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By far Lochard or Aberfoyle.
But nearer was the copsewood grey,
That waved and wept on Loch-Achray,
And mingled with the pine-trees blue
On the bold cliffs of Benvenue.
Fresh vigor with the hope return'd,
With flying foot the heath he spurn'd,
Held westward with unwearied race,
And left behind the panting chase.

'T were long to tell what steeds gave o'er,
As swept the hunt through Cambus-more;
What reins were tighten'd in despair,
When rose Benledi's ridge in air;
Who flagg'd upon Bochastle's heath,
Who shunn'd to stem the flooded Teith,
For twice that day, from shore to shore,
The gallant stag swam stoutly o'er.
Few were the stragglers, following far,
That reach'd the lake of Vennachar;
And when the Brigg of Turk was won
The headmost horseman rode alone.

Alone, but with unbated zeal,
That horseman plied the scourge and steel;
For jaded now, and spent with toil,
Emboss'd with foam, and dark with soil,
While every gasp with sobs he drew,
The laboring stag strain'd full in view.

Two dogs of black Saint Hubert's breed,
Unmatch'd for courage, breath, and speed,
Fast on his flying traces came .
And all but won that desperate game;
For, scarce a spear's length from his haunch,
Vindictive toil'd the bloodhounds staunch;
Nor nearer might the dogs attain,
Nor farther might the quarry strain.
Thus up the margin of the lake,
Between the precipice and brake,
O’er stock and rock their race they take.

The hunter marked that mountain high,
The lone lake's western boundary,
And deem'd the stag must turn to bay,
Where that huge rampart barr'd the way;
Already glorying in the prize,
Measured his antlers with his eyes;
For the death-wound and death-halloo,
Muster'd his breath, his whinyard drew; -
But thundering as he came prepared,
With ready arm and weapon bared,
The wily quarry shunn'd the shock,
And turn'd him from the opposing rock;
Then, dashing down a darksome glen,
Soon lost to hound and hunter's ken,
In the deep Trosachs' wildest nook
His solitary refuge took.
There, while close couch'd, the thicket shed

Cold dews and wild-flowers on his head,
He heard the baffled dogs in vain
Rave through the hollow pass amain.
Chiding the rocks that yell’d again.

Close on the hounds the hunter came,
To cheer them on the vanish'd game;
But, stumbling in the rugged dell,
The gallant horse exhausted fell.
The impatient rider strove in vain
To rouse him with the spur and rein,
For the good steed, his labors o'er,
Stretch'd his stiff limbs, to rise no more;
Then, touch'd with pity and remorse,
He sorrow'd o'er the expiring horse.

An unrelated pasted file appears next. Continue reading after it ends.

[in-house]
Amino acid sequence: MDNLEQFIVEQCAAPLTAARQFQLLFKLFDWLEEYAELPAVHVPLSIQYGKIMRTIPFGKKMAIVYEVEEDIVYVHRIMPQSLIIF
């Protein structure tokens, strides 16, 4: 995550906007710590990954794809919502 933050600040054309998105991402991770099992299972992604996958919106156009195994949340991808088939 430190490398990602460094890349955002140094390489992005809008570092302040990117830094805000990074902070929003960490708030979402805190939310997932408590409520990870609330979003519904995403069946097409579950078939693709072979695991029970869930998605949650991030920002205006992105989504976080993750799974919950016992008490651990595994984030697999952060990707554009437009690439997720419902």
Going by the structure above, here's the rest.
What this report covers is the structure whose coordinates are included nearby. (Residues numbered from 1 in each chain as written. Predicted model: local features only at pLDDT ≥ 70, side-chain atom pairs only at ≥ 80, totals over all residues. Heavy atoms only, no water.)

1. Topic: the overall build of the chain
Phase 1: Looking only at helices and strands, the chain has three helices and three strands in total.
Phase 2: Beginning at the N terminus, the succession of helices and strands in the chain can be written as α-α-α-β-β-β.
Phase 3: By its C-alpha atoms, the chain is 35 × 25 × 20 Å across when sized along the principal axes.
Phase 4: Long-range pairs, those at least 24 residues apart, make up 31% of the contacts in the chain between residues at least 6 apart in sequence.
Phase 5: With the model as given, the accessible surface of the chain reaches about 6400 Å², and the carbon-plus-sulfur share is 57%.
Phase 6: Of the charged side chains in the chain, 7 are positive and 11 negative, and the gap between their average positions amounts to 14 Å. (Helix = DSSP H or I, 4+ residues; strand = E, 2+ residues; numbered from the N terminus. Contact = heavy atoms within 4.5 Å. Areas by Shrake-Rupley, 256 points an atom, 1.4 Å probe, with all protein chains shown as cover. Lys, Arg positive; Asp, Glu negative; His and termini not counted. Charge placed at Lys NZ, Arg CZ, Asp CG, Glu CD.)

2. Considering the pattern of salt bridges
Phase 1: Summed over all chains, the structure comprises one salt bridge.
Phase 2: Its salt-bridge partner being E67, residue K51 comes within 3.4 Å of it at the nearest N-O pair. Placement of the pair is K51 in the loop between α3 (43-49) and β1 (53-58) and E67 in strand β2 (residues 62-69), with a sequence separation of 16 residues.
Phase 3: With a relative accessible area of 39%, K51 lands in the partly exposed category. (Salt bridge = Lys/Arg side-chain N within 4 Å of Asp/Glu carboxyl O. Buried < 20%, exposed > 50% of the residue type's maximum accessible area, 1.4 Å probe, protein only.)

“I little thought, when first thy rein
I slack'd upon the banks of Seine,
That Highland eagle e'er should feed
On thy fleet limbs, my matchless steed!
Woe worth the chase, woe worth the day,
That cost thy life, my gallant grey!”

THE RAVEN

EDGAR ALLAN POE

Edgar Allan Poe was born in Baltimore, Md., February 19, 1809, and died there October 7, 1849.

n NCE, upon a midnight dreary, while I pondered

weak and weary, Over many a quaint and curious volume of forgotten

lore — While I nodded, nearly napping, suddenly there came

a tapping, As of some one gently rapping, rapping at my cham

ber door: “ 'T is some visitor," I muttered, “ tapping at my

chamber door — Only this, and nothing more.”

Ah, distinctly I remember! It was in the bleak De

cember, And each separate dying ember wrought its ghost

upon the floor. Eagerly I wished the morrow; vainly I had sought to

· borrow From my books surcease of sorrow - sorrow for the

lost Lenore — For the rare and radiant maiden whom the angels

name Lenore – Nameless here forevermore.

And the silken, sad, uncertain rustling of each purple

curtain Thrilled me — filled me with fantastic terrors never

felt before; So that now, to still the beating of my heart, I stood

repeating “ 'T is some visitor entreating entrance at my cham

ber door — Some late visitor entreating entrance at my chamber

door; — This it is and nothing more."

Presently my soul grew stronger; hesitating then no

longer, “Sir," said I, “or Madam, truly your forgiveness I

implore; But the fact is I was napping, and so gently you came

rapping, And so faintly you came tapping, tapping at my

chamber door, That I scarce was sure I heard you,”— here I opened

wide the door:Darkness there, and nothing more.

Deep into that darkness peering, long I stood there

wondering, fearing, Doubting, dreaming dreams no mortal ever dared to

dream before; But the silence was unbroken, and the darkness gave no token,

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